• Thunder Ridge Middle School


    Image of new innovation space at Falcon Creek Middle School

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    Thunder Ridge Middle School seventh-grader Isaac Easton wasn’t concerned with boundaries as he worked on building a robot that could catapult items with precision.  Along with his partner in his morning Science, Technology, Engineering and Mathematics class, Easton zipped between a table in the classroom portion middle school’s new Innovation Space and theTwo girls use laptops in new maker space. neighboring workspace, where his fellow students gathered in groups to test out their projects and record results.

    “I like how this space is nice and new and shiny,” Easton said as he tweaked the design on the small robot he’d just successfully constructed with his teammate. “It’s really helpful to have this new space to work in.”  Easton and the rest of the class had plenty of room to circulate between the neighboring spaces, and even had easy access to the school’s media center next door if they were struck with the need to look up some facts or figures. That seamless sense of a continuous workspace was part of the school’s redesigned Innovation Space; it was integral to offering students a sense of possibility, problem-solving and creativity.

    “We go back and forth between the Think Tank and the STEM Lab,” said STEM teacher Cindy Wilson, adding that the space opened at the outset of the new school year with flexible furniture and added STEM tools and resources. Along with the open, navigable design of the space, these factors have made a noticeable difference in the students’ everyday classroom experience. “Everything in her encourages teamwork. They can spread out – there’s a fluidness and flexibility. They have all kinds of ways to tackle their classroom activities and focus on learning.”  Wilson spoke as the entire class focused on building a “Mars Rover” project, or a programmable robot that could tote a payload andThree boys work on building a robot in their new maker space. catapult it onto a specific target. The activity saw students moving, interacting and solving problems together, and the newly designed space accommodated those skills perfectly.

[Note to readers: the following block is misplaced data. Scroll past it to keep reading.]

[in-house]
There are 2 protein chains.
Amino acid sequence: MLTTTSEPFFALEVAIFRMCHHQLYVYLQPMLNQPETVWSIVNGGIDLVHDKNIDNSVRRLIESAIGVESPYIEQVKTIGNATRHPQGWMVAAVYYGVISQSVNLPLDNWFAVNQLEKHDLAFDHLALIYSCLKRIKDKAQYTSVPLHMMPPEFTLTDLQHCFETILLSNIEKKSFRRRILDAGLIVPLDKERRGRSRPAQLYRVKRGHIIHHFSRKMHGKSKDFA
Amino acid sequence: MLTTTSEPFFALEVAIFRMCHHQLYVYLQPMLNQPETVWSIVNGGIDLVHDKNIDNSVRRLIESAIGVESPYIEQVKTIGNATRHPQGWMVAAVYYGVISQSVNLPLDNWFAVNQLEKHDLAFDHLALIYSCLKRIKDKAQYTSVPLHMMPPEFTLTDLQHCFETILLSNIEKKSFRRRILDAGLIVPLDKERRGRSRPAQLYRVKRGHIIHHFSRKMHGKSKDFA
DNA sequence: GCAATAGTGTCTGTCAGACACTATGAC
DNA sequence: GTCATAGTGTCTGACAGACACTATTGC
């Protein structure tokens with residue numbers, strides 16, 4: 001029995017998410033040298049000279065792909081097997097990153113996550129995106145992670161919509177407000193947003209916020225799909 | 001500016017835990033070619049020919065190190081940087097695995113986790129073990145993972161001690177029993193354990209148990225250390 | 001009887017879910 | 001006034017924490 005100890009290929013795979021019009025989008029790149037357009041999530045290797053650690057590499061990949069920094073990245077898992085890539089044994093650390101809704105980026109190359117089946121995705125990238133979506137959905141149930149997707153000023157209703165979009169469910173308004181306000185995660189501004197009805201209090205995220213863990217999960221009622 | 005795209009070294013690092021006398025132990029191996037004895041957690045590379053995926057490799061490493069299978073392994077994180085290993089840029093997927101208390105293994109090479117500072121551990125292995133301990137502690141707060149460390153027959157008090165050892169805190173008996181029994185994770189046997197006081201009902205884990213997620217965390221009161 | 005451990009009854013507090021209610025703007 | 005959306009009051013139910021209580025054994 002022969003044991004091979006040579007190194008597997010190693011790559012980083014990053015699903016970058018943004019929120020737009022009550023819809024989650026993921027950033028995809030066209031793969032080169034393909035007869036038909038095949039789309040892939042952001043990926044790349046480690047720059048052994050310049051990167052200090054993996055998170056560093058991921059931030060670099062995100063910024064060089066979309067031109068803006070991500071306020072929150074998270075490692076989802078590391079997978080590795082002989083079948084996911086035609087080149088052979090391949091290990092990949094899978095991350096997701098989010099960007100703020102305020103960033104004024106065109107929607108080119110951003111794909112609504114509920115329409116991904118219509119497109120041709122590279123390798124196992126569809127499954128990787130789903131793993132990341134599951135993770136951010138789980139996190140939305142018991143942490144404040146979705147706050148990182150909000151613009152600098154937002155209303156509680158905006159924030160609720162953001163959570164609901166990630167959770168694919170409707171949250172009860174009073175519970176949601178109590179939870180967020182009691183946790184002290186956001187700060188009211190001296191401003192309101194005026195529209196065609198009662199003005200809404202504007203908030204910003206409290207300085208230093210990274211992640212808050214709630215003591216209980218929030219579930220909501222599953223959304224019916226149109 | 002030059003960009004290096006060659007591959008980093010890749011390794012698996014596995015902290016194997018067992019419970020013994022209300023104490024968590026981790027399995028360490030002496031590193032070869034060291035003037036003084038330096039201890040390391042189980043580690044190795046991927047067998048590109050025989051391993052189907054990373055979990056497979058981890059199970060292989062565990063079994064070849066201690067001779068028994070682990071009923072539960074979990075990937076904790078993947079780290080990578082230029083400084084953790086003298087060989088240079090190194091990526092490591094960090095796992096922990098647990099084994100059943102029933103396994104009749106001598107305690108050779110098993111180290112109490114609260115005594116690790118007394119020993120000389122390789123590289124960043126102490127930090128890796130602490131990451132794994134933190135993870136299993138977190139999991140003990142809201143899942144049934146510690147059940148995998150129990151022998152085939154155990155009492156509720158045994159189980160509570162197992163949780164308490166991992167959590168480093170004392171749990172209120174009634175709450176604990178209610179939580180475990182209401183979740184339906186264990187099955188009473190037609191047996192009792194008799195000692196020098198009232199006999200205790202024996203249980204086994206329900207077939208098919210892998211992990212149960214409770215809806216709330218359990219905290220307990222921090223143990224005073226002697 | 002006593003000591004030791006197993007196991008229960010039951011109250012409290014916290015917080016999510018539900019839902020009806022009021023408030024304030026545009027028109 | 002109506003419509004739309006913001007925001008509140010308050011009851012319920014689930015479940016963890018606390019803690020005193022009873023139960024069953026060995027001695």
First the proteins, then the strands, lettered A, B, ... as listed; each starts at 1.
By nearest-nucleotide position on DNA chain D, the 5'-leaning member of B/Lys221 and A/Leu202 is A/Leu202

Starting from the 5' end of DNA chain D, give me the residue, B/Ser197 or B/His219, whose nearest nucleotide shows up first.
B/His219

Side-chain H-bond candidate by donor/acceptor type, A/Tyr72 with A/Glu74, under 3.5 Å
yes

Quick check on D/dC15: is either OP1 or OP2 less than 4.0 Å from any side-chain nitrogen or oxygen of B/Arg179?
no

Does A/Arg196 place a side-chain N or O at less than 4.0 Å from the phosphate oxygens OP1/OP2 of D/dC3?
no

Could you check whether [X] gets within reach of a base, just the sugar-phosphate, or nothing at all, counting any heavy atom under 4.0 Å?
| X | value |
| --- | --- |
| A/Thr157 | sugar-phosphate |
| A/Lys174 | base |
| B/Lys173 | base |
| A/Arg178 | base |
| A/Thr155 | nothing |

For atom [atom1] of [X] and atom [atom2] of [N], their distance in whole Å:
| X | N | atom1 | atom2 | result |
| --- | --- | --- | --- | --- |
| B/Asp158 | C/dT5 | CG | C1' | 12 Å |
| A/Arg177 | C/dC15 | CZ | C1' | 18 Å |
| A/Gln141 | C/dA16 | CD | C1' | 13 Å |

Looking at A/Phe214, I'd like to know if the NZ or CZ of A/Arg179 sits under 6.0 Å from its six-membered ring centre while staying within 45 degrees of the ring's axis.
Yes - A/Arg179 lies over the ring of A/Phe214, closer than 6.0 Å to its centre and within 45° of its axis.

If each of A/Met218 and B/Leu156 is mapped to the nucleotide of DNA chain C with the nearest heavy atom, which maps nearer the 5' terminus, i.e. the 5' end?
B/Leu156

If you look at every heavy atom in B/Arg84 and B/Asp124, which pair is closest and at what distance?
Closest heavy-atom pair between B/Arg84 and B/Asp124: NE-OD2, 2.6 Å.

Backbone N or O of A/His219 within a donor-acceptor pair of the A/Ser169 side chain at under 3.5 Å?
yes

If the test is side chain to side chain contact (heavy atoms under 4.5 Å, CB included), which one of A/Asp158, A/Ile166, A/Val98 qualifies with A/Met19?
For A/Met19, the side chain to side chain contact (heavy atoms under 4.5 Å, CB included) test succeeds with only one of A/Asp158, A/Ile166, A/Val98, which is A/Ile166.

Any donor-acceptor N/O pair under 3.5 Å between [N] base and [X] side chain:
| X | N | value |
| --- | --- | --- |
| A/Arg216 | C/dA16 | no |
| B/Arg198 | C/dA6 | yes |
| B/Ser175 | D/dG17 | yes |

Similar spaces will go up in every elementary and middle school in the Cherry Creek School District, and came through funding approved by voters in 2016. The spaces are designed to develop skills like collaboration, inquiry, empathy, problem-solving, curiosity, innovative thinking and passion. According to the latest academic research, as well as firsthand input from parents, teachers and other members of the CCSD community garnered during the Cherry Creek 2021 initiative, these are the skills that are integral to preparing students for a 21st-century academic and professional landscape.

    “We worked with business, we worked with industry and we worked with colleges when we created the focus of what Students test out their robots in their new maker space. our innovation spaces would be. The goal is helping our students become critical thinkers,” Siegfried said. “We want them to use knowledge in different ways, and we want them to learn to effectively learn to work with other people.”

    Siegfried added that every innovation space was designed to meet the unique needs of every separate school and community.  “One of the greatest parts of our innovation work is allowing every school, every principal, every student and every community to be engaged in what innovation should look like at their school,” Siegfried said. “This is the next iteration of excellence.”


    "Students have more space to collaborate in a very fluid space. Our newly Thunder Ridge Middle Principal and students discuss robotics project in new Innovation space. renovated space allows for students to move from one part of the library, into the maker space, and into a flex room where students can utilize the areas to best meet their needs." 

    -Executive Director of Middle Schools, Angie Zehner

Last Modified on March 3, 2020